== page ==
Magazine article Insight on the News

Feds' Books off Balance

Magazine article Insight on the News

Feds' Books off Balance

Article excerpt

For the second time since Congress passed a law requiring the government to account for itself, Washington failed to balance its books -- it's off a couple trillion bucks.

The U.S. government can't balance its books, can't properly explain how it spent $1.8 trillion last year, can't account for $1.6 trillion in assets such as parks, buildings, missile launchers, tanks and paper clips. That's 1,800,000,000,000 in dollars and $1,600,000,000,000 in property -- a grand total of $3.4 trillion.

"Once again, billions of taxpayer dollars were lost to waste, fraud and mismanagement" says Rep. Steve Horn, a California Republican.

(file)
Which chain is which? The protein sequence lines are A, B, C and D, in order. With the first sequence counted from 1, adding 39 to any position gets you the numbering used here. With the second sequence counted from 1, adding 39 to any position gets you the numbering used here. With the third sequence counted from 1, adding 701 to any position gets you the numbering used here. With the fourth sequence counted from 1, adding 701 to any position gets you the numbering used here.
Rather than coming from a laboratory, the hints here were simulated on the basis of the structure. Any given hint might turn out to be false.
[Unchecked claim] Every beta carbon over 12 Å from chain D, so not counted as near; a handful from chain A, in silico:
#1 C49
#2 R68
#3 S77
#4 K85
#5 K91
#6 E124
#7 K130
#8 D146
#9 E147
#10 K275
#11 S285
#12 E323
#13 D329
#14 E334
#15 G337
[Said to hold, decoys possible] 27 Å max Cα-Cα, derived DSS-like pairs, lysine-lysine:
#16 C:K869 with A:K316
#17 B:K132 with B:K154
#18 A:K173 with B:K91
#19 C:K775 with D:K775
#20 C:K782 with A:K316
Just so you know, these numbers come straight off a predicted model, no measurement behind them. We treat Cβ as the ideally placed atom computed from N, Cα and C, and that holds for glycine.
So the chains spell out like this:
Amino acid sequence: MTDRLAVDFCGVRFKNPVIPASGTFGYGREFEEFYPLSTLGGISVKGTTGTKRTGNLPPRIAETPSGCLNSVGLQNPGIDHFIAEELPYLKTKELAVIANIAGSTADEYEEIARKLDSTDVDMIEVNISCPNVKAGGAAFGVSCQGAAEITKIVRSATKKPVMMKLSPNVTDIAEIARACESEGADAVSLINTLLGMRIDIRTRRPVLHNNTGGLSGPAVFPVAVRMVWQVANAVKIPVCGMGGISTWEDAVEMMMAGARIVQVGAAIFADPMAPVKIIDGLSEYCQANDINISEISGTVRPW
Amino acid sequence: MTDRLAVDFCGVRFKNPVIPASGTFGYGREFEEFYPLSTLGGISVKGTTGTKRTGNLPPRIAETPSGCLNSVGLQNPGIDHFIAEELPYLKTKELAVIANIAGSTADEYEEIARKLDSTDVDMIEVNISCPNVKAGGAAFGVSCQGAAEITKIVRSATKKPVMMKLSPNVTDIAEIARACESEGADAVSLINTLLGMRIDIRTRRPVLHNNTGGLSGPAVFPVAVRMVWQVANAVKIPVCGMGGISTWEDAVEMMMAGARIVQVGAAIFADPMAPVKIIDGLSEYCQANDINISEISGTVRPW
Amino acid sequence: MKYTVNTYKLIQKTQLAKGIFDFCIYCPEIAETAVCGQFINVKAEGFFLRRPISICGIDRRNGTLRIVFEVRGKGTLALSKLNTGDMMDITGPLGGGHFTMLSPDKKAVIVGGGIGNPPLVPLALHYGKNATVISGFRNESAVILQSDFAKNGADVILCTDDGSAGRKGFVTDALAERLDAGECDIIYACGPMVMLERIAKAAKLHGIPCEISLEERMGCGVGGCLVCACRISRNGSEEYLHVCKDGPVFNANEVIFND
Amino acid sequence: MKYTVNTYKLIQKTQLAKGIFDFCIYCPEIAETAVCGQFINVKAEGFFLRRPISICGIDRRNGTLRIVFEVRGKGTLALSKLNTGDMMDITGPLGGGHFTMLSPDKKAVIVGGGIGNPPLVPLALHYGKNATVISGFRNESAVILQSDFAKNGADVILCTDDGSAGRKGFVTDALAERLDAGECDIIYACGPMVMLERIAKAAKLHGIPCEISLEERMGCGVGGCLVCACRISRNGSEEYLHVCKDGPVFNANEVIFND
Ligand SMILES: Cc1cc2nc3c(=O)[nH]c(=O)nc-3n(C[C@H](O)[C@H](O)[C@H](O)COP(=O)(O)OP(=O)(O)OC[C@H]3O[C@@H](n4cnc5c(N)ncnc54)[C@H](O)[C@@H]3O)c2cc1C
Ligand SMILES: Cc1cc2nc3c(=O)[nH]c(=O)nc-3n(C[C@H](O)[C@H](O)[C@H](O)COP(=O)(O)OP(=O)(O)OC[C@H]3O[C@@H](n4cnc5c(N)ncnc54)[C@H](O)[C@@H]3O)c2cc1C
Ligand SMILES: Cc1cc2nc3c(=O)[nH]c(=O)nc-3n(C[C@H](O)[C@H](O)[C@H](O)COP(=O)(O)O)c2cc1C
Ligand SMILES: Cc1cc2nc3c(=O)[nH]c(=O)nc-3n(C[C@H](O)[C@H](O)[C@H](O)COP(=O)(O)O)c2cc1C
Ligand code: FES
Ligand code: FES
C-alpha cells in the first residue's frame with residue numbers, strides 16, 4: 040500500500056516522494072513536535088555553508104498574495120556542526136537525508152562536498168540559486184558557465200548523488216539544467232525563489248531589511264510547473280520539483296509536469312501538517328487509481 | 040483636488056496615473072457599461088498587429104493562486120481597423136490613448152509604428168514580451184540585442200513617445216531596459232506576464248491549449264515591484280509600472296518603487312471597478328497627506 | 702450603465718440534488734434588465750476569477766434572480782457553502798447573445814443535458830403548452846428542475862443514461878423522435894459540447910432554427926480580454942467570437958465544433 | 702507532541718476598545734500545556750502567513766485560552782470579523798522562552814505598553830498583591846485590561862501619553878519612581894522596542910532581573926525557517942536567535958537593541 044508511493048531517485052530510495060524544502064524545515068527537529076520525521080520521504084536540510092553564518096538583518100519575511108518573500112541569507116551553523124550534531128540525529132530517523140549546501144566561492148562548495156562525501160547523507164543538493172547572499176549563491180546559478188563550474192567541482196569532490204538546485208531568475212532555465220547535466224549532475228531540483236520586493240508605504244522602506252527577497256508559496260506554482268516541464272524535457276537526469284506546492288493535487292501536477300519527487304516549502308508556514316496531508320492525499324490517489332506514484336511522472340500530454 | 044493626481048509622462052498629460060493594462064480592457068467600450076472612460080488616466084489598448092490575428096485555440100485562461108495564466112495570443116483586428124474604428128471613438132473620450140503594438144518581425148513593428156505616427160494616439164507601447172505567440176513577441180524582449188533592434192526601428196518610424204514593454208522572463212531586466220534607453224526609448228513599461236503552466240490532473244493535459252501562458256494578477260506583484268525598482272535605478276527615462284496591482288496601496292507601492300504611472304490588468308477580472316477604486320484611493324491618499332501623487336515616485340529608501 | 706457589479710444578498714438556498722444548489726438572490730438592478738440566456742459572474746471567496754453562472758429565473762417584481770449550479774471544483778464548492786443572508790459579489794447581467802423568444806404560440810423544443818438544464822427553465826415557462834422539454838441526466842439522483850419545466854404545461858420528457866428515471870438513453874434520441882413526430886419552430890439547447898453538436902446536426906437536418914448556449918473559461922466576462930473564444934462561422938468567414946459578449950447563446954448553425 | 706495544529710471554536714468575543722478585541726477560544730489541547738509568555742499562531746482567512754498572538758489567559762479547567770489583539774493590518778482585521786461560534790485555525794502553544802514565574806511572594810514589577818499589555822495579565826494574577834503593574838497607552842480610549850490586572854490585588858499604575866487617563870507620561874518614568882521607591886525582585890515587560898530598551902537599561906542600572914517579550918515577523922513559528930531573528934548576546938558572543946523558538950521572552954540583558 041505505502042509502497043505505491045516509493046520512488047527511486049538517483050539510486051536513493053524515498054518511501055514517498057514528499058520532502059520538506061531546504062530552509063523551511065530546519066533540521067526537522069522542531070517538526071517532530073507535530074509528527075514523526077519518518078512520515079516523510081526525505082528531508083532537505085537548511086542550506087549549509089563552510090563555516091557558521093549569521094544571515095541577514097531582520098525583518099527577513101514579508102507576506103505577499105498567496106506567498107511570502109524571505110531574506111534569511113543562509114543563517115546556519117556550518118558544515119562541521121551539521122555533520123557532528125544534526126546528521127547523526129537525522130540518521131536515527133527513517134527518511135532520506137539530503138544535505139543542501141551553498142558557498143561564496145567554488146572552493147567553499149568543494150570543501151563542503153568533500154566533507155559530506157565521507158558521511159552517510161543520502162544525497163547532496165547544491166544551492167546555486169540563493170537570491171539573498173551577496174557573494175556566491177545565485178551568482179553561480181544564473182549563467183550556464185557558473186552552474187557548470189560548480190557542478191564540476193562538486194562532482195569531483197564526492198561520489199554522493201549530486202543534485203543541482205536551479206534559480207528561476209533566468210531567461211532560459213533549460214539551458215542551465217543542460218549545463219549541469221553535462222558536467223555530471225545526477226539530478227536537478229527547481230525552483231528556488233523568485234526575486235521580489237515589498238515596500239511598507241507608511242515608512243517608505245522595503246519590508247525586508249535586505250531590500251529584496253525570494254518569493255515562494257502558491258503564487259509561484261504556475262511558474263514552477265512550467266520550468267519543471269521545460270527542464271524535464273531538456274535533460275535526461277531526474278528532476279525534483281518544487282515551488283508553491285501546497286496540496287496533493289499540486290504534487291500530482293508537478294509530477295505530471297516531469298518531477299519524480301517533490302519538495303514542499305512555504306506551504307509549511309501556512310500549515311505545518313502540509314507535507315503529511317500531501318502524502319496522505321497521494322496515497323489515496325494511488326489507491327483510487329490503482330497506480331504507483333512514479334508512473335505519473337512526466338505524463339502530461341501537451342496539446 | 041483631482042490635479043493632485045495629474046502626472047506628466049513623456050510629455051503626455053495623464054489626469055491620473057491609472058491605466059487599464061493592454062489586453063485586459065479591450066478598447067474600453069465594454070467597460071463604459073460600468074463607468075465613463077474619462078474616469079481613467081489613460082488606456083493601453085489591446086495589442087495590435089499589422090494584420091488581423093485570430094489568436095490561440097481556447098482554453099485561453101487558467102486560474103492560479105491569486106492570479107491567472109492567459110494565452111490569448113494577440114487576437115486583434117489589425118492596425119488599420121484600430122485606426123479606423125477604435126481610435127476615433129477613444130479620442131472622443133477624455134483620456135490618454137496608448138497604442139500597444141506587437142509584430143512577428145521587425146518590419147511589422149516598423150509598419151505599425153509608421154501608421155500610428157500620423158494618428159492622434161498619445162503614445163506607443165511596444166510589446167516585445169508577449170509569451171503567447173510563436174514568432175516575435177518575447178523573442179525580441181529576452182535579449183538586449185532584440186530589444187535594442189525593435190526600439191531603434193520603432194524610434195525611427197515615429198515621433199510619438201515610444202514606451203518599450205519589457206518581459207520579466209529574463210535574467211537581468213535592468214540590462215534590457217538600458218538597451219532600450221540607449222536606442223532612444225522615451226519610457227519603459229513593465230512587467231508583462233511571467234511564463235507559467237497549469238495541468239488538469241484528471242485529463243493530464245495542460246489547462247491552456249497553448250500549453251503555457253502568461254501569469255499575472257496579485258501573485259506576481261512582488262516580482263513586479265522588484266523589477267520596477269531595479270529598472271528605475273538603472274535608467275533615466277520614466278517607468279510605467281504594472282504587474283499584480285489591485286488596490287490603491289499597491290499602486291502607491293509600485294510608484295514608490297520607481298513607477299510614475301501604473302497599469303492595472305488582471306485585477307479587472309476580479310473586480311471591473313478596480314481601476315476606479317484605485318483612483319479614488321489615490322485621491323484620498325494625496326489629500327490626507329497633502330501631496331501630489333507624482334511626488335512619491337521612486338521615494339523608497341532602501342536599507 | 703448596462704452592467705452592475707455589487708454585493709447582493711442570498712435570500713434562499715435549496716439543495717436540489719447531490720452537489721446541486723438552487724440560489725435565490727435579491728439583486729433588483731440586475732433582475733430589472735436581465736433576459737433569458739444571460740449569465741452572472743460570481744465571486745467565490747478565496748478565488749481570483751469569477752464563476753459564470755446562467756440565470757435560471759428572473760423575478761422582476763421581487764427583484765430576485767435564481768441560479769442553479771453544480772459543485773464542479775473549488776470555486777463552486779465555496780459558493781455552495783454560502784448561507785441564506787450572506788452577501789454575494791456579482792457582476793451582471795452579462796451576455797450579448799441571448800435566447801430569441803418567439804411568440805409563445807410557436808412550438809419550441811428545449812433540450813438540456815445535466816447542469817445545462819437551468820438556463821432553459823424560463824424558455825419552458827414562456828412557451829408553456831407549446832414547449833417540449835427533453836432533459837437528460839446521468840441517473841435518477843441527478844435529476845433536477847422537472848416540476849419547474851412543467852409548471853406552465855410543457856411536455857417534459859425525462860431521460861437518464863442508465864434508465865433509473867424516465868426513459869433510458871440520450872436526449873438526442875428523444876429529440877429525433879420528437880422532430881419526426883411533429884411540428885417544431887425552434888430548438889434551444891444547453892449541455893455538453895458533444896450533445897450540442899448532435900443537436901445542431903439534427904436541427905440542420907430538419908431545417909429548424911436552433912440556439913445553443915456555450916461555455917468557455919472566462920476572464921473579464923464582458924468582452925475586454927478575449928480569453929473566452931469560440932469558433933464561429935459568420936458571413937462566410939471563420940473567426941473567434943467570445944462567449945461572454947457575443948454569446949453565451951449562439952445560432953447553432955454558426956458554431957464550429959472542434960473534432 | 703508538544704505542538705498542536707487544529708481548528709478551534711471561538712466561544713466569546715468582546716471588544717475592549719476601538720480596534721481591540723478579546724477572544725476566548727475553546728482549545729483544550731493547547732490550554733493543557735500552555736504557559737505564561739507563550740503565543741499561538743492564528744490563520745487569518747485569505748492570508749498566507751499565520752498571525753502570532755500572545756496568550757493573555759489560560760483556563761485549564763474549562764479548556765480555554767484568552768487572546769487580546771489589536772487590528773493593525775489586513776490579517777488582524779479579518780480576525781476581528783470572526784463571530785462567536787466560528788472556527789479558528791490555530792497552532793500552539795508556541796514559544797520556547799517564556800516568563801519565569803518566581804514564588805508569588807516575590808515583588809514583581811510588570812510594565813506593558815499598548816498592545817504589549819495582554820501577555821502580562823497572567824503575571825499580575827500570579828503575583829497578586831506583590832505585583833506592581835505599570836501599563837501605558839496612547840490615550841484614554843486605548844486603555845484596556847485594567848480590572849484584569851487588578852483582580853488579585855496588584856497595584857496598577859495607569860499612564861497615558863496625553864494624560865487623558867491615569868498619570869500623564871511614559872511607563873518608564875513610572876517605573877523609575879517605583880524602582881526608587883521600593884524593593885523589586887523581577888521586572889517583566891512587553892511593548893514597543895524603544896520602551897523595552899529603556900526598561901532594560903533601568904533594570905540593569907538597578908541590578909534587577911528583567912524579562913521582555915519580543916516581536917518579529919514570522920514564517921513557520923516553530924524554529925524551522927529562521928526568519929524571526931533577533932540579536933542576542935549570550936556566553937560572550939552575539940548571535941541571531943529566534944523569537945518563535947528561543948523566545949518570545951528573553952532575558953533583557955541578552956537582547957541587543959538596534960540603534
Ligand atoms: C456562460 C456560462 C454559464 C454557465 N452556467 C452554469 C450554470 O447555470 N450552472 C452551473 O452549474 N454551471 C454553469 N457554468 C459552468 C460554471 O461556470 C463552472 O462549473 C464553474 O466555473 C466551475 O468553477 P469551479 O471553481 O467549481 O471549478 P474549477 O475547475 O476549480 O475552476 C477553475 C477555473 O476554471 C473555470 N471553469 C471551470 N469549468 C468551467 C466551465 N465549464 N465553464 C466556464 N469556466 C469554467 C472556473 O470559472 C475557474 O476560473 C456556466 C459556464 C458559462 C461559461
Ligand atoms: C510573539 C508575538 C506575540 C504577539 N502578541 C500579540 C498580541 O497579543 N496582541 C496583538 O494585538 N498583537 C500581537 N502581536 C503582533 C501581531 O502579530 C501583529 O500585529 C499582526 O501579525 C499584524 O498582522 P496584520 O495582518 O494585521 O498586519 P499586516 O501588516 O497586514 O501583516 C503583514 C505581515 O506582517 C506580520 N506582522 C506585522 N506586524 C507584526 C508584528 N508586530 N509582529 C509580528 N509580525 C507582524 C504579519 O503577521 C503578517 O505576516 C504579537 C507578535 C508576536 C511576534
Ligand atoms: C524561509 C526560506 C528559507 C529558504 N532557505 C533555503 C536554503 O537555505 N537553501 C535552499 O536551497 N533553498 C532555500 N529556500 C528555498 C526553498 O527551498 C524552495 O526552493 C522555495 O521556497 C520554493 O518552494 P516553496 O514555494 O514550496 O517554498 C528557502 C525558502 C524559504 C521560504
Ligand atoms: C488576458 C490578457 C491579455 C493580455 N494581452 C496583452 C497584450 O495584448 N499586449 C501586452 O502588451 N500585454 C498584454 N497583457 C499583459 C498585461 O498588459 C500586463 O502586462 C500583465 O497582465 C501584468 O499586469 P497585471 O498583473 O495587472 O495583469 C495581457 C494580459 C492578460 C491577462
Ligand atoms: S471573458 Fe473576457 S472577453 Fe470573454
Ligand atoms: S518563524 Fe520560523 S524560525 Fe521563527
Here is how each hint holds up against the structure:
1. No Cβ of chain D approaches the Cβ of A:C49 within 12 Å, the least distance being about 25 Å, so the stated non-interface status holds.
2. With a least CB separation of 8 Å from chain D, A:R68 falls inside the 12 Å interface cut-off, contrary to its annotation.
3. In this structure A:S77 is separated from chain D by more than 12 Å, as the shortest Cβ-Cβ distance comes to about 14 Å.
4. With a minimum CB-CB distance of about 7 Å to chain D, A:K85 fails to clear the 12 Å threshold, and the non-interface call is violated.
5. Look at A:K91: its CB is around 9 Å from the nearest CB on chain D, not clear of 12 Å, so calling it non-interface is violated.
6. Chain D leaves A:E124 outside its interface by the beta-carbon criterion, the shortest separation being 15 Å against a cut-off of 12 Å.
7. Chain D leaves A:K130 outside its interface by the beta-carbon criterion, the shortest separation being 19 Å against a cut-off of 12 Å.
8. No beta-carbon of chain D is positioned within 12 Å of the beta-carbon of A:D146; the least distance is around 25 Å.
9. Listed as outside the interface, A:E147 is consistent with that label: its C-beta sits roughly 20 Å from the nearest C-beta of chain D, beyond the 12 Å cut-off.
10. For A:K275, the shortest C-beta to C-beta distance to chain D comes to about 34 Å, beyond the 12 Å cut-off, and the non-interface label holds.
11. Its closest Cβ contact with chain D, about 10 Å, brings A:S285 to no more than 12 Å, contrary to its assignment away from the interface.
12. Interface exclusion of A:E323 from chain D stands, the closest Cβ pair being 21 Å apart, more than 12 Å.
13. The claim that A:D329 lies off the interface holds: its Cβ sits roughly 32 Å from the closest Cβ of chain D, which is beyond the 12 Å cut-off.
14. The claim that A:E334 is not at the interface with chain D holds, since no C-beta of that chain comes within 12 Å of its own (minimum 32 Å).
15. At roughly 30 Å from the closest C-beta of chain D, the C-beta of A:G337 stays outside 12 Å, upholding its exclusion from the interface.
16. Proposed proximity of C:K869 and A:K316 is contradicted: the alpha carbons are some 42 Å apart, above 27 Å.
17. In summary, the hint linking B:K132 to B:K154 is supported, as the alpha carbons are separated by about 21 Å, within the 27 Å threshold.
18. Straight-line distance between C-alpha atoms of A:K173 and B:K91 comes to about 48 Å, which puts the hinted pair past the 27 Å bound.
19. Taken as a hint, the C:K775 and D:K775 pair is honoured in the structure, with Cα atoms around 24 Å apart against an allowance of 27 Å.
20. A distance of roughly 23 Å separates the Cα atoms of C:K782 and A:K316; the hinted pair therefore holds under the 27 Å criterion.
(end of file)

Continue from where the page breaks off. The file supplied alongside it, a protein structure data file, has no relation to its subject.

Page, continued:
Horn, chairman of the House Government Reform subcommittee on Government Management, Information and Technology, recently reviewed the government's efforts to produce a Consolidated Financial Statement. The report was the second attempt to comply with a 1994 law requiring the government to account in a businesslike way for the revenues, expenditures and assets of the 24 Cabinet-level departments and agencies -- a total of 70 agencies with some 2,000 components.

And, for the second time, the government failed to meet accounting standards acceptable to the General Accounting Office, or GAO, Congress' investigative arm and the government's official auditor. In short, the government doesn't employ common business safeguards to account for money wasted or stolen. Some lawmakers believe the figure could be in the billions.

"Because of the serious deficiencies in the government's systems, recordkeeping, documentation, financial reporting and controls, amounts reported in the financial statements . …

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